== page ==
Re: Using enums to avoid using switch/if
Giovanni Azua wrote:
In conclusion, even when enum types would be a very strong match for a
design, these limitations would defeat using it.
Mark Space wrote:
I had exactly the same problem with a little test program I wrote to
suss out Item 34 of Effective Java, "Emulate extensible enums with
In a larger sense, EJ's advice is part of a larger concept of type-
based programming. Since enums can implement interfaces it's possible
to make enums appear to be of a particular type. This could be useful
in certain circumstances.
The facts that you cannot derive new classes from existing enum classes,
and the inability to derive from a common abstract base class, are just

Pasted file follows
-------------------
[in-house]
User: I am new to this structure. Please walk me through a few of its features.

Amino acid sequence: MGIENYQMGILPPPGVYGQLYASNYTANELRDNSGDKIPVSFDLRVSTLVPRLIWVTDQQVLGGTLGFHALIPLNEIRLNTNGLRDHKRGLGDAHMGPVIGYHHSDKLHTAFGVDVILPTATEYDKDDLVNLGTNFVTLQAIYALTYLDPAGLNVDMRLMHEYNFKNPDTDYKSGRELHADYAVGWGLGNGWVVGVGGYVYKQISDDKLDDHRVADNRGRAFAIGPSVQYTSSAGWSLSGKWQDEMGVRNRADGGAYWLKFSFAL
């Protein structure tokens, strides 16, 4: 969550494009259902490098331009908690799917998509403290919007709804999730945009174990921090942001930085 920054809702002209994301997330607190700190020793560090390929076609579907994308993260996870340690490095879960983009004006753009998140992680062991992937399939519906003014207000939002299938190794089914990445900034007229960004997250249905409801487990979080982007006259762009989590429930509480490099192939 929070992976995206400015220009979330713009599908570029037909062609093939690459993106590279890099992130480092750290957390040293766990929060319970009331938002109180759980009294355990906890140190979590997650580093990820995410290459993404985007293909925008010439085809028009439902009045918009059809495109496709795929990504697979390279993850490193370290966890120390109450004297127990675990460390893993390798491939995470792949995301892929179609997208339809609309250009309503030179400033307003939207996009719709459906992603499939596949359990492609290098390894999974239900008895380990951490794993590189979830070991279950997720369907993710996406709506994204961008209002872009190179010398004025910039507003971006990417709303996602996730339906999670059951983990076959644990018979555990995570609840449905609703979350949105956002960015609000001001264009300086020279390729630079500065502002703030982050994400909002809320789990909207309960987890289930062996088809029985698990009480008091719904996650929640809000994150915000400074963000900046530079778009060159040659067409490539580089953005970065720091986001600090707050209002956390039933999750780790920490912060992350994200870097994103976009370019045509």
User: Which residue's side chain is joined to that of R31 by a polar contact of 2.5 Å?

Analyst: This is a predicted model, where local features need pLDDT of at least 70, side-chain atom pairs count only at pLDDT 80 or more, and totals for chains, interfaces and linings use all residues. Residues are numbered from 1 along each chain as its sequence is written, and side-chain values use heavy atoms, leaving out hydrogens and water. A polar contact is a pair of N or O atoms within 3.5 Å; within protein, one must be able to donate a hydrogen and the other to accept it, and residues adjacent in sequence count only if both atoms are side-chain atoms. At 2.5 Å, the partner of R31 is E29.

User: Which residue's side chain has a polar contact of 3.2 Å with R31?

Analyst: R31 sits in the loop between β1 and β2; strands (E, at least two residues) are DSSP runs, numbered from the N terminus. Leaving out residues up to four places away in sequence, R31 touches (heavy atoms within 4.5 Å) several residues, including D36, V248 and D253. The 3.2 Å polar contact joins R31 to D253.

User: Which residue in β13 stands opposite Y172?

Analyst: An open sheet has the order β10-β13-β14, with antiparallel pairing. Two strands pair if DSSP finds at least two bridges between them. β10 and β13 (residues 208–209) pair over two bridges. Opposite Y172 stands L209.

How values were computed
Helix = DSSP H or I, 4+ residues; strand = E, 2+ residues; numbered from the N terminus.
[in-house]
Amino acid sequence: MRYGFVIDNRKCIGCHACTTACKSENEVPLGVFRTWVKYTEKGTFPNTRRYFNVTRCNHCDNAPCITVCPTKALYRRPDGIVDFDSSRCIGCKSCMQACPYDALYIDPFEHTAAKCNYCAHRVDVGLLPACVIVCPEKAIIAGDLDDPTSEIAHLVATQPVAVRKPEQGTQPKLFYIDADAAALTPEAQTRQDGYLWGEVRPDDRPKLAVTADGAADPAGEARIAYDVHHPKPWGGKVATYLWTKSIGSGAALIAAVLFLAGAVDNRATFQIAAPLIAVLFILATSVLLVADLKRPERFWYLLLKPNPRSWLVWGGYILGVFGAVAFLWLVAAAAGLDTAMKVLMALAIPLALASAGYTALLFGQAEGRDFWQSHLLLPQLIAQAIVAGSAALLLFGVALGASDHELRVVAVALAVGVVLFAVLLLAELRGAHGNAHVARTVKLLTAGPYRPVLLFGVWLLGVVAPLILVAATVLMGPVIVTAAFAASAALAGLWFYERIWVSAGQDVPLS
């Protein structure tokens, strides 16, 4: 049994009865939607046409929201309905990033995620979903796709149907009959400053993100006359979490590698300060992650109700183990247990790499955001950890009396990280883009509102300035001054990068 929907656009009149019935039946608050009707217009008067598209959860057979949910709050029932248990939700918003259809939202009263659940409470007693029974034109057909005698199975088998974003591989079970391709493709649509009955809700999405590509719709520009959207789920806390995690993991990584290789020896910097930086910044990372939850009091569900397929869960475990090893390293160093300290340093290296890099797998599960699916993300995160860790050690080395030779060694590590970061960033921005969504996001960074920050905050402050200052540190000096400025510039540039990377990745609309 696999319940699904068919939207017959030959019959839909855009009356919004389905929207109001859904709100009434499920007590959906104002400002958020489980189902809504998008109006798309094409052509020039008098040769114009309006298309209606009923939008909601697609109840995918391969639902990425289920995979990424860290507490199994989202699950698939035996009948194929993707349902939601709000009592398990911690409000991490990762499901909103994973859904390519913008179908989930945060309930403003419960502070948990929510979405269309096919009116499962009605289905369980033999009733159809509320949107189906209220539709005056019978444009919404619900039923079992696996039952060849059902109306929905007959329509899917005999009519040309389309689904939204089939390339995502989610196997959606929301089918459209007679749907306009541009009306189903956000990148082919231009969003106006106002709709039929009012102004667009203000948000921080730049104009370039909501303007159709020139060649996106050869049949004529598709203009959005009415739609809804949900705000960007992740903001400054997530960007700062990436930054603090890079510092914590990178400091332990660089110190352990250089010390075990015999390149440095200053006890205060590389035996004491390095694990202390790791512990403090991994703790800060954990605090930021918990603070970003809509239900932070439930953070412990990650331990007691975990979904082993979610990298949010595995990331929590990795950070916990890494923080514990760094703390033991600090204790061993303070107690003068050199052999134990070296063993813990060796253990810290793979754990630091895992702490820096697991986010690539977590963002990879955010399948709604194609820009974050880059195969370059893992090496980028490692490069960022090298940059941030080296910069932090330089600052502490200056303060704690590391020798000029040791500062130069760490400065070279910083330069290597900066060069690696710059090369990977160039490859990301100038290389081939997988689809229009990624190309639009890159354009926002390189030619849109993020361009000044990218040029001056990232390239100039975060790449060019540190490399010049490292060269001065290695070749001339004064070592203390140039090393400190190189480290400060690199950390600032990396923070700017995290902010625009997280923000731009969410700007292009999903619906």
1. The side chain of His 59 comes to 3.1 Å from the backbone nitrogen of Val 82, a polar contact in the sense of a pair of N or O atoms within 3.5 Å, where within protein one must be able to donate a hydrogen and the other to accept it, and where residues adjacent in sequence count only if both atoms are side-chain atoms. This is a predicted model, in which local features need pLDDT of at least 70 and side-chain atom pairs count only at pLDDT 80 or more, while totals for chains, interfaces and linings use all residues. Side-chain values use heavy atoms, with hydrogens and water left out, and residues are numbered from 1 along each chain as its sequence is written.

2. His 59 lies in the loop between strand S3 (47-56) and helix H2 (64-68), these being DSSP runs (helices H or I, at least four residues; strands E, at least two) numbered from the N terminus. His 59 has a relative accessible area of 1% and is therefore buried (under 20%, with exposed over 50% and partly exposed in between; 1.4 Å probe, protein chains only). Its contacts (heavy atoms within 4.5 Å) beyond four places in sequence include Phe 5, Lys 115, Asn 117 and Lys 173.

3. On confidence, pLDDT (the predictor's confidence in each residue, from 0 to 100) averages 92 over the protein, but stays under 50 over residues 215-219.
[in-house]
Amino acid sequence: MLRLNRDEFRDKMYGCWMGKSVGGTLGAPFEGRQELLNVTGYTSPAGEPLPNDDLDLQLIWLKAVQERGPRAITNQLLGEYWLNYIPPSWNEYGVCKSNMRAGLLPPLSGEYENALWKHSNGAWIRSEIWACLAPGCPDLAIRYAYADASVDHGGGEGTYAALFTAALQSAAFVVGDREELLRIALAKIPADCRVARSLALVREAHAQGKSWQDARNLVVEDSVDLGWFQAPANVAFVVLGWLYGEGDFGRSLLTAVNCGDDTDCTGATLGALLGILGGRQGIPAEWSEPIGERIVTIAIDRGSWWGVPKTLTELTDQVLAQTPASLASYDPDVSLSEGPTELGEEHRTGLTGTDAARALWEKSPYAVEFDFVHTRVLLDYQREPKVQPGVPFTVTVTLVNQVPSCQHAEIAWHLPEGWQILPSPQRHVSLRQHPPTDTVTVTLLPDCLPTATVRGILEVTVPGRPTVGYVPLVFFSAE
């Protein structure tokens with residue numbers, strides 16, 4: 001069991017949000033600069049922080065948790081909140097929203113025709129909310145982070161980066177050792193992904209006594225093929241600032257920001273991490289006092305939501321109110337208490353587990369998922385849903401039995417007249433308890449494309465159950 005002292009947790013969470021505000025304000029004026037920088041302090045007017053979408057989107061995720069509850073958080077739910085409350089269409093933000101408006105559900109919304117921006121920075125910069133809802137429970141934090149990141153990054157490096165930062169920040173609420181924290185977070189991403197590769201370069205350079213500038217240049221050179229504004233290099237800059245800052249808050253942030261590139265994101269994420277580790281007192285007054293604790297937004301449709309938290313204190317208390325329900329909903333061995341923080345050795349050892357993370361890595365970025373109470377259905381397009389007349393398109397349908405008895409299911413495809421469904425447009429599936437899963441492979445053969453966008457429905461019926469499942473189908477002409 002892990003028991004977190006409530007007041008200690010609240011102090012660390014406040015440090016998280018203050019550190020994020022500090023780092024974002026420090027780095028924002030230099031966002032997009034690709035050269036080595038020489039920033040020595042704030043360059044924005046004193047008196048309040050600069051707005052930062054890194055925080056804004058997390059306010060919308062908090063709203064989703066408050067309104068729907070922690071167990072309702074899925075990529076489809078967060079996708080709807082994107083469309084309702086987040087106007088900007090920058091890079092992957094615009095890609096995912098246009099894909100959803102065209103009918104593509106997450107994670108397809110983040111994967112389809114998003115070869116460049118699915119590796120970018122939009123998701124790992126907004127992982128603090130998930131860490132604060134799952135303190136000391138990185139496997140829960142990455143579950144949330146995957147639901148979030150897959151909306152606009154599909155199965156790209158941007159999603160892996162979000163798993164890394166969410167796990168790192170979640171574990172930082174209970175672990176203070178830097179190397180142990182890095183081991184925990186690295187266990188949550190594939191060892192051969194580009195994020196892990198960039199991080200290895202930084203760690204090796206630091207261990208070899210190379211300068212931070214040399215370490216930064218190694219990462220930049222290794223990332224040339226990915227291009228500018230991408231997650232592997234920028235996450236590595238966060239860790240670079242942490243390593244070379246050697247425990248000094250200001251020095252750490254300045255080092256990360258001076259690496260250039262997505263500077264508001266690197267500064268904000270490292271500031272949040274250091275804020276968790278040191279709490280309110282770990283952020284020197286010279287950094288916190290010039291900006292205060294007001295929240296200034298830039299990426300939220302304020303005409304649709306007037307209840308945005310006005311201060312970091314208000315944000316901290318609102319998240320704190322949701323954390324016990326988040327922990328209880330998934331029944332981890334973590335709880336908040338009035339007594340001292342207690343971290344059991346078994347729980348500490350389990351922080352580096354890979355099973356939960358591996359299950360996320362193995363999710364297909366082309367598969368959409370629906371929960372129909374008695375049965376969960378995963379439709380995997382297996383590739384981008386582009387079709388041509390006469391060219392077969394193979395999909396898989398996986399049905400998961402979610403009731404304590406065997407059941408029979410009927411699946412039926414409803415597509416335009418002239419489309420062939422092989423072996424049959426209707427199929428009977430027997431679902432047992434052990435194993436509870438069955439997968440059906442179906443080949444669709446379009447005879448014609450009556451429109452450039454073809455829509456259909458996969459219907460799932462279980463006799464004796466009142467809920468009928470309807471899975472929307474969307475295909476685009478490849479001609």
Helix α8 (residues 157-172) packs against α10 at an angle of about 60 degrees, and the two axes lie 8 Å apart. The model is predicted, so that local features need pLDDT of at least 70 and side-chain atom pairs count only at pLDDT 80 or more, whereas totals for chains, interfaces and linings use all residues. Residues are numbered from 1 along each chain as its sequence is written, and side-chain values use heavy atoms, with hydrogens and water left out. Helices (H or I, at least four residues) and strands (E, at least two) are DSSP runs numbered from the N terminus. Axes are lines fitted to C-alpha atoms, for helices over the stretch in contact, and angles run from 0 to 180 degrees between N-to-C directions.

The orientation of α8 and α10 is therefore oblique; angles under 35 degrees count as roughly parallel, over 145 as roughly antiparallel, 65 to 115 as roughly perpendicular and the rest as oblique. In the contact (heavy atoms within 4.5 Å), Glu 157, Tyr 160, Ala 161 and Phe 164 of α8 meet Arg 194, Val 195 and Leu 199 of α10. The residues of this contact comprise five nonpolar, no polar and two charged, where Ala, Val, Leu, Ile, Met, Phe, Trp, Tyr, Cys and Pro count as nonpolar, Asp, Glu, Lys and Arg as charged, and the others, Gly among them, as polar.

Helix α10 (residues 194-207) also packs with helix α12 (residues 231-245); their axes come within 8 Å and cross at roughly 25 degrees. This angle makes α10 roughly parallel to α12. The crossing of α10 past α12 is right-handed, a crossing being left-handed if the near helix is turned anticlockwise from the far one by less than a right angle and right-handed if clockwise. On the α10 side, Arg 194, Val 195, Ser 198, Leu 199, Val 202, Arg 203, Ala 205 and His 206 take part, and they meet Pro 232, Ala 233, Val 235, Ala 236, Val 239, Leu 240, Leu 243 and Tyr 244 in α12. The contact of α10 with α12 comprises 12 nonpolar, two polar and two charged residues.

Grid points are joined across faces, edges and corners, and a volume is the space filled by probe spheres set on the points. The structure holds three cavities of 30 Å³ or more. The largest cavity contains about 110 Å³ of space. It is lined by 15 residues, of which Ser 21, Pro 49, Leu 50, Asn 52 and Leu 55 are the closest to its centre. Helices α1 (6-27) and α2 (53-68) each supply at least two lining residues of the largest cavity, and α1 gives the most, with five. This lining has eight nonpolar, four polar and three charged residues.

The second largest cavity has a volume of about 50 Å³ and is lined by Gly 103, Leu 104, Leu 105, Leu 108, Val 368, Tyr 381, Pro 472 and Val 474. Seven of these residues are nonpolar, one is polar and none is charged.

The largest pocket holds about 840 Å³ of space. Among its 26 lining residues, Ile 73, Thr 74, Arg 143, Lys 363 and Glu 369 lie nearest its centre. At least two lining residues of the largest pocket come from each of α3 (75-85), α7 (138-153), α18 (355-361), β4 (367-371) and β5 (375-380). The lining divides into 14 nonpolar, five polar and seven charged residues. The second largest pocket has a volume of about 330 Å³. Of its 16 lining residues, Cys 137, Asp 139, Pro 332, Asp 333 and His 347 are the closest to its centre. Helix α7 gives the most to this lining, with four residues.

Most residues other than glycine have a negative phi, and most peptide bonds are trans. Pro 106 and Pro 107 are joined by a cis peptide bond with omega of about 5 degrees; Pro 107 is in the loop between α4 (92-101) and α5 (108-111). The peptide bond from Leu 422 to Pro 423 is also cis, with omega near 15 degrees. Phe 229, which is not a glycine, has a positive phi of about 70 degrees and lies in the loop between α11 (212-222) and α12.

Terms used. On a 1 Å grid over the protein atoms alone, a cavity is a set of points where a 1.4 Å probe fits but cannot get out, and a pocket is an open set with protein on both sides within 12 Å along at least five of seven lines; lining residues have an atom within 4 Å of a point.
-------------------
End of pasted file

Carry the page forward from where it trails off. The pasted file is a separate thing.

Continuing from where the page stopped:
too limiting in almost every circumstance. If the enum refers to some
value that could change or need to be extended later, it's better to not
use an enum.
This is the point - enums are not the class for every season. They
have a particular use case for which they are extremely well suited.
That is a fairly large use case; even with the restrictions, that an
enum is a full-fledged class in its own right gives it tremendous
power and flexibility. For use cases that fall outside that range,
well, you just have to use a different kind of class. You could, for
example, write a type-safe enumeration like Josh Bloch recommended in
the first edition of EJ. You can't use it in a 'switch', but in other
respects you can make it as much like an enum as you need, and you can
make it heritable if you want. Beware of the oddities inherent in
using static members of a class from its subclasses.